And why has it not worked? The City has not gotten to the root of the problem-it’s spending. It would have been nice if the Mayor would have used this creativity to cut expenditures. Without reducing spending and legacy costs there will never be enough tax revenue. But that is too politically unpopular and difficult to do. It’s easier to go after college kids who don’t vote.
The argument that these students use services such as building inspection without paying for them is preposterous. If the students live in off-campus housing, that housing and the landlords who earn rental income from these properties are paying taxes to the City and have every right to use building inspection services to keep them safe. If that is a major concern, increase the fees charged for these inspections. And many of these universities have their own police departments that handle the vast majority of crimes these students commit.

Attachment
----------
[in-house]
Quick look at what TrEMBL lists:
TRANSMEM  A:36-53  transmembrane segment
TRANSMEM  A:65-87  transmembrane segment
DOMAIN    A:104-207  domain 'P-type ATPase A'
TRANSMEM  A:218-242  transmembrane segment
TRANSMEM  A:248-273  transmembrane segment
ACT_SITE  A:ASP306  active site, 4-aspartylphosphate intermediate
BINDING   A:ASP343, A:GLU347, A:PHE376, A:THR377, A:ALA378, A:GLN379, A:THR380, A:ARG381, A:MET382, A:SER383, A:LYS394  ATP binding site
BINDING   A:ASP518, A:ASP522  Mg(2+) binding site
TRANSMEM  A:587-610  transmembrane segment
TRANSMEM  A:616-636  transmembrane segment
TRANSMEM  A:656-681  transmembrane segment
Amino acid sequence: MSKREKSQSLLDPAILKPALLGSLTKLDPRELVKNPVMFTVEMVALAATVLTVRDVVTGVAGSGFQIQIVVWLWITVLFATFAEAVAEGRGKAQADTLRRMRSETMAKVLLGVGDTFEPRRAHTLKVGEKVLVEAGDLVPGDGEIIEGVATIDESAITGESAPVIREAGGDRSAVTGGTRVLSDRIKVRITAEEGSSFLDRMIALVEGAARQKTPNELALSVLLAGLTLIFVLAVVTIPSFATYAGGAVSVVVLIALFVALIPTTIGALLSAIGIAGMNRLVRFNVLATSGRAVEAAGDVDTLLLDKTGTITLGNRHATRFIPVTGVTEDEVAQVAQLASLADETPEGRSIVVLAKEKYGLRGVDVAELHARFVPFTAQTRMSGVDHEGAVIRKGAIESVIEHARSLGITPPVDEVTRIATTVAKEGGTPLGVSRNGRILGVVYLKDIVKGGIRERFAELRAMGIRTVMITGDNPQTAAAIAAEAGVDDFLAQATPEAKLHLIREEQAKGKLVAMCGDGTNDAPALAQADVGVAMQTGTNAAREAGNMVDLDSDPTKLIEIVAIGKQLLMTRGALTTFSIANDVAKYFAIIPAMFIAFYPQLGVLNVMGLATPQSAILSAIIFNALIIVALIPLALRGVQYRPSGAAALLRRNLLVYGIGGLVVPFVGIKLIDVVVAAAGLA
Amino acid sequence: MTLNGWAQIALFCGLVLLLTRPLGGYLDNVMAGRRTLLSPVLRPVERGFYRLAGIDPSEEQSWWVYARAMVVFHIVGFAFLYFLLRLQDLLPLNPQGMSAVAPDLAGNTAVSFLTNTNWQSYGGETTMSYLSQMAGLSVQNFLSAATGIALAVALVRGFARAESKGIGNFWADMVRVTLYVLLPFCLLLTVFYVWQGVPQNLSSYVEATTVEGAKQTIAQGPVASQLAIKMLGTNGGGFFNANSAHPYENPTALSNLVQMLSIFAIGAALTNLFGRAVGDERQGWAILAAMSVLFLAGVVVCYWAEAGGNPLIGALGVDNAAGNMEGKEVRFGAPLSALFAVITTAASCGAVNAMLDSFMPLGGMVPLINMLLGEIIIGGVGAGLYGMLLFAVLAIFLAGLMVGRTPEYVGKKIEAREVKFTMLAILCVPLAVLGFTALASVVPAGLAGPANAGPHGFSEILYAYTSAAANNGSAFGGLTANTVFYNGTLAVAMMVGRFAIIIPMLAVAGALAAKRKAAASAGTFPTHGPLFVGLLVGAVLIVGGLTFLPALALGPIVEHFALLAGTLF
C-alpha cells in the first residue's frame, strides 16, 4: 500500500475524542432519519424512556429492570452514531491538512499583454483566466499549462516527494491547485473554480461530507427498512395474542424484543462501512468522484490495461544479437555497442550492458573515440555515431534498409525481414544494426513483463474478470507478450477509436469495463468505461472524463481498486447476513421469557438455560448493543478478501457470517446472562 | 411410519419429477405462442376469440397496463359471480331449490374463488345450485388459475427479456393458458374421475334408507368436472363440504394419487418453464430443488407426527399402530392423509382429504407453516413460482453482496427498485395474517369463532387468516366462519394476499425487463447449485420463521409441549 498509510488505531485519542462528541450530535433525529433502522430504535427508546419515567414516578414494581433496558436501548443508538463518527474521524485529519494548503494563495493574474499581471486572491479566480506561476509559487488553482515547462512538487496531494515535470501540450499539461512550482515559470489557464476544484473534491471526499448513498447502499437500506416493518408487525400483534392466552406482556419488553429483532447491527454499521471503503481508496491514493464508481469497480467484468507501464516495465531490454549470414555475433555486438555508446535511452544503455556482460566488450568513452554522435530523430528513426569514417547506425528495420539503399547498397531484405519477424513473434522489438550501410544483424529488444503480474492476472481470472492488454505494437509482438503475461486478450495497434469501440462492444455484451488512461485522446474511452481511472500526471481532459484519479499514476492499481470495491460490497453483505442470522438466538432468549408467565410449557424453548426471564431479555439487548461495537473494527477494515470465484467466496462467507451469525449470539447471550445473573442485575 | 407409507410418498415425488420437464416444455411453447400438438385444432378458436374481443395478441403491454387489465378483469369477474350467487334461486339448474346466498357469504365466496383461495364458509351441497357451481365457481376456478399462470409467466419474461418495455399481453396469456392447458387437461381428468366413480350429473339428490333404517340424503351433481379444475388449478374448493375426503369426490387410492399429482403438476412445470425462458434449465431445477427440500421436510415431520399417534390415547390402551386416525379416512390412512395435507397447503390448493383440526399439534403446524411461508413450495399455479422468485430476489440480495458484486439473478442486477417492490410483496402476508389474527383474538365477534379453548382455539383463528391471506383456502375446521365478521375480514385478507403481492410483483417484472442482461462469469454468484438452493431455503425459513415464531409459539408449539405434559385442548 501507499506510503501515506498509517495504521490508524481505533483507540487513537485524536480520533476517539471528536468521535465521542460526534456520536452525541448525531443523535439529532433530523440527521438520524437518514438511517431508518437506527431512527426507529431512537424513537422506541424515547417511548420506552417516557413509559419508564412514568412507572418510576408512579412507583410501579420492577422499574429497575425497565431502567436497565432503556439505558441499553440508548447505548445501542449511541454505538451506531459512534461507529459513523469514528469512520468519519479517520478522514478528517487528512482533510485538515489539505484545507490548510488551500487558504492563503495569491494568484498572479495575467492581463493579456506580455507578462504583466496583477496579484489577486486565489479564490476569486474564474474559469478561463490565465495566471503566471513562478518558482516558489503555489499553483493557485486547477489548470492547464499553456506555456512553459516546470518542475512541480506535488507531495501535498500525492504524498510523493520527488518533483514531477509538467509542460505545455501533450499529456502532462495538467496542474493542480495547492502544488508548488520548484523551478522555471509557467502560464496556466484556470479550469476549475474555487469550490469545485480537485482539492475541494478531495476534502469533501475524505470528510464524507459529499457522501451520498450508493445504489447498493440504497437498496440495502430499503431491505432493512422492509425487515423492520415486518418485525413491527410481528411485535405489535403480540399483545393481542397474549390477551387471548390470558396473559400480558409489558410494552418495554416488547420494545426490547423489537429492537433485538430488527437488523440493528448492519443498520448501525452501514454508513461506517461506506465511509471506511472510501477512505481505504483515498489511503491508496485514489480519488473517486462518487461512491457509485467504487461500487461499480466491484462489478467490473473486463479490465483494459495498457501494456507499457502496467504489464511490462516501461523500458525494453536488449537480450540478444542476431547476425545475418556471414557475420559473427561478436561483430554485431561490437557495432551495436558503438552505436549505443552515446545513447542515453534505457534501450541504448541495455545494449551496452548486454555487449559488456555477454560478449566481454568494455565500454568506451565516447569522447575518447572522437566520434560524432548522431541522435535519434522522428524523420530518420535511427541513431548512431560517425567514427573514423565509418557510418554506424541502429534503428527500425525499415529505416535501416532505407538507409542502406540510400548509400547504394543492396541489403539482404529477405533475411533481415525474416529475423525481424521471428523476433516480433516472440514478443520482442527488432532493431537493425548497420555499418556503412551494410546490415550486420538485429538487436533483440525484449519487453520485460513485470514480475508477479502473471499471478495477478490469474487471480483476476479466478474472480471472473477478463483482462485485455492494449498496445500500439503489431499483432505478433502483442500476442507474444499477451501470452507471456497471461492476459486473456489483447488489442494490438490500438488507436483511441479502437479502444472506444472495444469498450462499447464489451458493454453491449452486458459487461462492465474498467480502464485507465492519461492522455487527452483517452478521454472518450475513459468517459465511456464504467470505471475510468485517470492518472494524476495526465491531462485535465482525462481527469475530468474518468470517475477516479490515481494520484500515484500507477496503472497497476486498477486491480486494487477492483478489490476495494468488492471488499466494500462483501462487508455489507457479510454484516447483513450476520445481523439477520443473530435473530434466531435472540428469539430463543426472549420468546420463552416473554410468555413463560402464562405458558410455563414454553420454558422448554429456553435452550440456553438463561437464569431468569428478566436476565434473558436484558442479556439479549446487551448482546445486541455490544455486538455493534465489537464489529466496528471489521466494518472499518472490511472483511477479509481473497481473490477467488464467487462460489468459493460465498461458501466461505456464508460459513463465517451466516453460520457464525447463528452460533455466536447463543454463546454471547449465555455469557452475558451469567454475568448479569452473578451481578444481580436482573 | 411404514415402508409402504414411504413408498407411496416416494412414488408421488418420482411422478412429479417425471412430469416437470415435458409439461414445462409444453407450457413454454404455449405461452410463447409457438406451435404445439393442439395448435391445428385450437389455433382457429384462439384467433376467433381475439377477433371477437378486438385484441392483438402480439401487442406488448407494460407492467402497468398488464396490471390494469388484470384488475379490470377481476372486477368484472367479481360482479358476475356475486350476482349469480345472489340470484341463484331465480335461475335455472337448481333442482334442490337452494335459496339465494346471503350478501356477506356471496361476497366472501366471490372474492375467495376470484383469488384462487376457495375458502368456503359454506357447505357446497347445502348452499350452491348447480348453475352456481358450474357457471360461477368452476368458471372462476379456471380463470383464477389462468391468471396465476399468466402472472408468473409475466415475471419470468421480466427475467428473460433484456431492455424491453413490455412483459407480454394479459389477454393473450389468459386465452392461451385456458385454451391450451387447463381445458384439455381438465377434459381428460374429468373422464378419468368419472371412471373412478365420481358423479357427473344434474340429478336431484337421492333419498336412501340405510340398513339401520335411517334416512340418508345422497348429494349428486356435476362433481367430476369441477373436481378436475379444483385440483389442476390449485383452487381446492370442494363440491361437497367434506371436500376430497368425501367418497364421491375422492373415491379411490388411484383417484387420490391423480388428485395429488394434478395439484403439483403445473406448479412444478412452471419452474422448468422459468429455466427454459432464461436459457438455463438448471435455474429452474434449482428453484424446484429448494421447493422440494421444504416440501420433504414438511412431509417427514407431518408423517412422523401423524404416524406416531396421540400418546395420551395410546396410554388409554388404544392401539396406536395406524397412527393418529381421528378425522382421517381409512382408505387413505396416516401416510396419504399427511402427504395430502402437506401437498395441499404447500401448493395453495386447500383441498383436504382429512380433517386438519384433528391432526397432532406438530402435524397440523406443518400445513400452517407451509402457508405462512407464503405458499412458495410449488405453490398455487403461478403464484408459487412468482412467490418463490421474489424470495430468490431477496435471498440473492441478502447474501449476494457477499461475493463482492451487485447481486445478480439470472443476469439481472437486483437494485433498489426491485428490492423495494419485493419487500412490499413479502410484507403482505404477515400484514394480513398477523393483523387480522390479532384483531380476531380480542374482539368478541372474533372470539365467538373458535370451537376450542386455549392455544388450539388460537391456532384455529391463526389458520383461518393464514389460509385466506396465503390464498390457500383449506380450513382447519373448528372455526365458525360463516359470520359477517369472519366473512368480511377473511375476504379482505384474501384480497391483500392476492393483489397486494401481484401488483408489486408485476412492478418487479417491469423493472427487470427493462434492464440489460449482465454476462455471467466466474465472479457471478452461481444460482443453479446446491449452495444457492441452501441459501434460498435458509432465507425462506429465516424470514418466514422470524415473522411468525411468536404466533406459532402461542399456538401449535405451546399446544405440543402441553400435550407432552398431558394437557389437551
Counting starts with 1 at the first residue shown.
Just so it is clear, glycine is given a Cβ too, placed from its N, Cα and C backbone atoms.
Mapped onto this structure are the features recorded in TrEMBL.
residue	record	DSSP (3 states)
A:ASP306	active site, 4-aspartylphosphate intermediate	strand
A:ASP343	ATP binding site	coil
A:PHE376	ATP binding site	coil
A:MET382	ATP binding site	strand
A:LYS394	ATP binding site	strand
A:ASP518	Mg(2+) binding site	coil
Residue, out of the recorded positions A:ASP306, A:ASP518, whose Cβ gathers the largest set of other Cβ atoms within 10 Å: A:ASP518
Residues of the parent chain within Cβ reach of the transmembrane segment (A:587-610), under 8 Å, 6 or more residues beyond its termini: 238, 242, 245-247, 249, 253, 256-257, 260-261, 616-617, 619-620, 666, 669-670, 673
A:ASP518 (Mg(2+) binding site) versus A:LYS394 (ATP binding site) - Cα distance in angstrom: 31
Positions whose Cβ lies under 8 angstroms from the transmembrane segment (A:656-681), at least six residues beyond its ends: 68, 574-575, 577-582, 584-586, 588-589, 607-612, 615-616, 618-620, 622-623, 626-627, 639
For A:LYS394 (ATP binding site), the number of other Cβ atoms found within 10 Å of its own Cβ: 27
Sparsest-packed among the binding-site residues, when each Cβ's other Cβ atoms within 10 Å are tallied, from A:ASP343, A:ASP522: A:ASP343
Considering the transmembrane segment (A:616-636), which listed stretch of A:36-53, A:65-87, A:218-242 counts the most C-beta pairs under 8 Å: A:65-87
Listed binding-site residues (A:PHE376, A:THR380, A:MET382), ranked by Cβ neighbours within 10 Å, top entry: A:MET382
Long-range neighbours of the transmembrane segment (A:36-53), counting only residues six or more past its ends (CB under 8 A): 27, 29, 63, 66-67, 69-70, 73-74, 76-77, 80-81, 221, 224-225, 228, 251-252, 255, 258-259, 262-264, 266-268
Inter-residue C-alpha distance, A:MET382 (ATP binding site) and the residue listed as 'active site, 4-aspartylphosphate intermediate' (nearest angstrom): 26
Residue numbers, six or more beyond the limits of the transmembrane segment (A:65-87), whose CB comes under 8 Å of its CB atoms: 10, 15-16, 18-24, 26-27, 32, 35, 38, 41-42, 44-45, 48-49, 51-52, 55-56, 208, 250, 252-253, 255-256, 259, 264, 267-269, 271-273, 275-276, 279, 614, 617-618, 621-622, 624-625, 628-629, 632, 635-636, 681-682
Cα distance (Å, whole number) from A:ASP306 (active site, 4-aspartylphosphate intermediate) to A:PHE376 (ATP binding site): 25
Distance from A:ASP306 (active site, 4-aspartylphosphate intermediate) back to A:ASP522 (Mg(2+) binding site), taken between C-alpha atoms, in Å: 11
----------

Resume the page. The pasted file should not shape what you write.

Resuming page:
The notion that the City has already tightened its belt is patently absurd. What concessions have theyextracted from the public sector unions? What services have been privatized or contracted out with the County? Neither the Act 47 team nor the oversight board has held the City’s feet to the fire.
City officials are afraid to raise taxes on residents because they vote. But these residents are the primary beneficiaries of services, and comprise the vast majority of the City’s workforce and as such are the ones reaping the rewards of these legacy costs. Why should they not pay for such largess? Instead they will look to tax the non-voting segment of the population and make them the scapegoats for the City’s problems. And they wonder why few of these graduates remain in the City after their studies conclude. It’s probably because they don’t want to live in Taxburgh.